How to Calculate Multipliers With MPC

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In economics, the concepts of marginal propensity to consume (MPC) and marginal propensity to save (MPS) describe consumer behavior with respect to their income. MPC is the ratio of the change in the amount a person spends to the change in that person's overall income, whereas MPS is the same ratio with savings as the metric of interest. Because people either spend or do not spend (that is, save) whatever income they earn, the sum of MPC and MPS is always equal to 1.

TL;DR (Too Long; Didn't Read)

A higher MPC results in a higher multiplier and thus a greater increase in GDP. In short, more spending results in more national income.

The Investment Multiplier

This relationship gives rise to something called the investment multiplier. This is predicated on the idea of a positive-feedback loop, wherein an increase in average consumer spending ultimately leads to an increase in national income greater than the initial amount spent at a given MPC. The relationship is:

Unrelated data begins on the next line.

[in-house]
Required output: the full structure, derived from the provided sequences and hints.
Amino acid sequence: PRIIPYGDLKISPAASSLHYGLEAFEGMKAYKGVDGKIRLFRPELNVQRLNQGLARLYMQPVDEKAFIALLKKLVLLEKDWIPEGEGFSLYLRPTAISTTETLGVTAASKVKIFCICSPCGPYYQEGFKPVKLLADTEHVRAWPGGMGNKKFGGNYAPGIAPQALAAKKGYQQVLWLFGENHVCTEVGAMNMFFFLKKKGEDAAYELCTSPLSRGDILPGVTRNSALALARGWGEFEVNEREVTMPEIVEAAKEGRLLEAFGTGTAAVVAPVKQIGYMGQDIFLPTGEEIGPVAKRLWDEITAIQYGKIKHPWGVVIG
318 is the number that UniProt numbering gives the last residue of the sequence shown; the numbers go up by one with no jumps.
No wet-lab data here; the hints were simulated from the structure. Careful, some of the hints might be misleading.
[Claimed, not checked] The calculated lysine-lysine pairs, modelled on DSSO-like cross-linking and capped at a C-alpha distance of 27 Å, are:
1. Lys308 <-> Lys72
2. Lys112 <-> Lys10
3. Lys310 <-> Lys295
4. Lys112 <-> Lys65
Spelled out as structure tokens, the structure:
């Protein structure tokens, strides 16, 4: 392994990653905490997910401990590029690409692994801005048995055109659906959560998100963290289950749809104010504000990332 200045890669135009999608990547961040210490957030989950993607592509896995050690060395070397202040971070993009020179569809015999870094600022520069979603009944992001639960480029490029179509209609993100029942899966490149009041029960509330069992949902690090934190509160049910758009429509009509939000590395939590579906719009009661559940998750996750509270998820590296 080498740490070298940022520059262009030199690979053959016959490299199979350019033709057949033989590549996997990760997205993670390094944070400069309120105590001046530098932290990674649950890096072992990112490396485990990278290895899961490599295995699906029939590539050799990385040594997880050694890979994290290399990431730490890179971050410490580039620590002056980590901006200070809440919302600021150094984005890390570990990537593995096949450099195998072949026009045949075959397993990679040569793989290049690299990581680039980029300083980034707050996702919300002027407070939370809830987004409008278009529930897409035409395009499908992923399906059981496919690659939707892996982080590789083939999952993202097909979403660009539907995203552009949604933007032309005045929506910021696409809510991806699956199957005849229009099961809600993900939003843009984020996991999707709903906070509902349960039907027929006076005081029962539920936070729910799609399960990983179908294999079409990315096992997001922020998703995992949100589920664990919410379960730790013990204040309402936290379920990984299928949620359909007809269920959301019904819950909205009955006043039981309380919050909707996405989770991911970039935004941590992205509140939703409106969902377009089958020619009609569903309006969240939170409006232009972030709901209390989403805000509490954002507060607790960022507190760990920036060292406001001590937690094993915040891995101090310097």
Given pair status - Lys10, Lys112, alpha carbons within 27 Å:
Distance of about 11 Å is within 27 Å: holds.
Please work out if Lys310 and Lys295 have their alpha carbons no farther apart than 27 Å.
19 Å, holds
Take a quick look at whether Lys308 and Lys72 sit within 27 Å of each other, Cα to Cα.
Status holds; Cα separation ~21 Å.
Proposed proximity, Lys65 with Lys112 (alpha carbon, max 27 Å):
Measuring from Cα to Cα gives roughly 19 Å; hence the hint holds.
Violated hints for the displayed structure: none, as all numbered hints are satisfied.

Multiplier = 1 ÷ (1 – MPC)

This relationship can be used to calculate how much a nation's gross domestic product (GDP) will increase over time at a given MPC, assuming all other GDP factors remain constant.

For example, assume a nation's GDP is $250 million and its MPC is 0.80. What will the new GDP be if total spending rises by $10 million?

Step 1: Calculate the Multiplier

In this case, 1 ÷ (1 – MPC) = 1 ÷ (1 – 0.80) = 1 ÷ (0.2) = 5.

Step 2: Calculate the Increase in Spending

Since the initial increase in spending is $10 million and the multiplier is 5, this is simply:

(5)($10 million) = $50 million

Step 3: Add the Increase to the Initial GDP

Since the initial GDP of this nation is given as $250 million, the answer is:

$250 million + $50 million = $300 million


About the Author

Kevin Beck holds a bachelor's degree in physics with minors in math and chemistry from the University of Vermont. Formerly with and the editor of "Run Strong," he has written for Runner's World, Men's Fitness, Competitor, and a variety of other publications. More about Kevin and links to his professional work can be found at